Background: A custom jawline implant is a powerful augmentation method. As it envelops the entire lower jaw from angle to angle its total external surface area coverage of the bone provides a true 3D change. While this augmentation effect can be impressive, its size also makes it the hardest facial implant to place. Through three small incisions around the chin and jaw angles, the implant must be placed in a partially blinded fashion.
While placement considerations are designed into the custom jawline implant, it takes a lot of clinical experience to be able to place them with a good aesthetic outcome. The most common aesthetic complication with their use is asymmetry. While one may wonder how that is possible with a custom implant design, it is easy to have it happen given the limited incisional access. (it is not likely trying to place it on a facial skeletal model)
But more relevant is that the long length of the implant from chin to jaw angles on each side incurs the influence of trajectory. For example, if the horizontal axis of the chin section of the implant is slightly tilted, that effects the position of the jaw angles behind it to a much greater degree. The more minor deviation of the chin becomes magnified at the furtherest point from it. (jaw angles) This is a phenomenon that us paid a lot of attention to during surgery. But without clear visibility of all angles of the implant’s placement, such implant asymmetries are impossible to completely avoid.
Case Study: This 35 year-old male has a large custom jawline implant designed and placed four months previously. He healed uneventfully without infection or wound healing problems.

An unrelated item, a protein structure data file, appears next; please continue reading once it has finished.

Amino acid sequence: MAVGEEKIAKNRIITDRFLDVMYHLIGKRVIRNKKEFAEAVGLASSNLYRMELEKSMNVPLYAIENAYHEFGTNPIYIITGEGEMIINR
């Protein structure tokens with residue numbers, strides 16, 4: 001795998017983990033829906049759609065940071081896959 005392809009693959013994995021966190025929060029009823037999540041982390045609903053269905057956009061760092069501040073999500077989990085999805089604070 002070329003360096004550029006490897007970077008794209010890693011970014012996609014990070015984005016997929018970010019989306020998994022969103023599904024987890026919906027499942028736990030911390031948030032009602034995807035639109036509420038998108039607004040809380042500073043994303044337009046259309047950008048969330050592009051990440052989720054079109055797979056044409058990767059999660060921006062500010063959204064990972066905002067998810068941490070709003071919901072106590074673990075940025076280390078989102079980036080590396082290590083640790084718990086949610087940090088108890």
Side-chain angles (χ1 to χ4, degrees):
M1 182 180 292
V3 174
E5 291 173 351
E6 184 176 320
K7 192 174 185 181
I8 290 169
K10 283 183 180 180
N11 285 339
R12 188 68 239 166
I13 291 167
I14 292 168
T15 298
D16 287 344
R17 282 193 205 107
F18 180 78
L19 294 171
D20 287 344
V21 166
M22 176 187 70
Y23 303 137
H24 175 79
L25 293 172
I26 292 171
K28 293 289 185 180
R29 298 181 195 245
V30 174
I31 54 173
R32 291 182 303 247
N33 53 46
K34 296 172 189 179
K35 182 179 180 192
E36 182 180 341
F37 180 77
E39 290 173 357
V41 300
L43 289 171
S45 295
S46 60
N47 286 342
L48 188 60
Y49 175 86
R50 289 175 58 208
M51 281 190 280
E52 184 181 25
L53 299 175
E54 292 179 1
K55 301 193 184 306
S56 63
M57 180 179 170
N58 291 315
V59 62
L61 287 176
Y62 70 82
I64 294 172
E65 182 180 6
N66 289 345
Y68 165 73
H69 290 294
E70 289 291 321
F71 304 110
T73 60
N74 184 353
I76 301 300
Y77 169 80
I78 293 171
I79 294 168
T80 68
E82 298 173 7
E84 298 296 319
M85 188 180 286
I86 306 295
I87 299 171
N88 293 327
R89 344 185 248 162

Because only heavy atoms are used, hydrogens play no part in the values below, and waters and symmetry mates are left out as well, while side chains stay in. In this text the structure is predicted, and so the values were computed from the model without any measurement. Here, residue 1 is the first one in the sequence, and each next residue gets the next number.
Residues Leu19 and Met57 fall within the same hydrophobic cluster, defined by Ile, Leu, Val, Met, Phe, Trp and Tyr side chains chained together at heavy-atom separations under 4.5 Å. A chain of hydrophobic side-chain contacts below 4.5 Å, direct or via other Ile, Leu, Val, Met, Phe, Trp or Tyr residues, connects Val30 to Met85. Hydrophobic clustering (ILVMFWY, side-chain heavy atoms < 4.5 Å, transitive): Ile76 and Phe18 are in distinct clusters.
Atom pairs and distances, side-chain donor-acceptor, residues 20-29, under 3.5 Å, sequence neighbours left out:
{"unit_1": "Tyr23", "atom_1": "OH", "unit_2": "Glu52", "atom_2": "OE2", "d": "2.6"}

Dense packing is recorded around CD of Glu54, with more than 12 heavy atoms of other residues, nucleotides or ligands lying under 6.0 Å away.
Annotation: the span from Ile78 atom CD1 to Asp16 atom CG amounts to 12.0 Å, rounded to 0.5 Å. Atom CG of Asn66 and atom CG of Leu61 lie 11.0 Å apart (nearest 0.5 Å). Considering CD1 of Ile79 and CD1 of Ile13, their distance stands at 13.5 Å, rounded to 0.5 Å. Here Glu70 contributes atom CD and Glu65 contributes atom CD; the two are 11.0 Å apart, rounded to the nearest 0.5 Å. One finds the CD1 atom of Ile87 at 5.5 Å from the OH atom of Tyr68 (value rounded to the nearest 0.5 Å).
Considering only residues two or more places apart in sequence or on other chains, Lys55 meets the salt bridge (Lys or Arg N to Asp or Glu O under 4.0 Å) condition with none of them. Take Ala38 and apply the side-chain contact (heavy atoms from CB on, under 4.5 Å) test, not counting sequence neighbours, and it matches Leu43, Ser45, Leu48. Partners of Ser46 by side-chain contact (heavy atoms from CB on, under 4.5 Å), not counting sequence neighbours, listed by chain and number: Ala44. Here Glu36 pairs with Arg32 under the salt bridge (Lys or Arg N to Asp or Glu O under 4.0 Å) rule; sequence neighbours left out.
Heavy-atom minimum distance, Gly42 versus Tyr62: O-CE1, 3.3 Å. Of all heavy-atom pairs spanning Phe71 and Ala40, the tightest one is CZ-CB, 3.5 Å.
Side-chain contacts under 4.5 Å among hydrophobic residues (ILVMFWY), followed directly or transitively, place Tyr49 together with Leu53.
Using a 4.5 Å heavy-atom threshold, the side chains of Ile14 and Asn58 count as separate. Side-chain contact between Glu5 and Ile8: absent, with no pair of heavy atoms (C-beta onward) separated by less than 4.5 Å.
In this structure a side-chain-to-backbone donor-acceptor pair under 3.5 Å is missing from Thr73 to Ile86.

He had some concerns about some modest asymmetry he was seeing in the chin and jaw angles. To answer the question of whether this represented implant placement asymmetry, a postoperative 3D CT scan was done. The scan showed good implant placement with good symmetry at the chin and jaw angles. This is seen by comparing the original design (light blue) with the implant image on the scan. (green)
Most postoperative concerns about any type of facial implant asymmetry, provided enough recovery time has elapsed for all swelling to have resolved, are usually correct. But when the 3D CT scan fails to show such implant asymmetry, the other explanation is that the asymmetry is in the soft tissues. While a custom implant is designed to correct any bony asymmetries, it does not see or correct for any associated soft tissue ones. With the placement of the implant and the push of it on the overlying soft tissues, associated soft tissue discrepancies can become more apparent.
1) Custom jawline implants are the most challenging of all facial implants to place because of their size and surface area coverage.
2) When postoperative concerns develop about postoperative implant symmetry/placement, a 3D CT scan provides the definitive answer to those concerns.
3) The size of custom jawline implants can allow some preoperative and often unrecognized soft tissue asymmetries to become evident.
Dr. Barry Eppley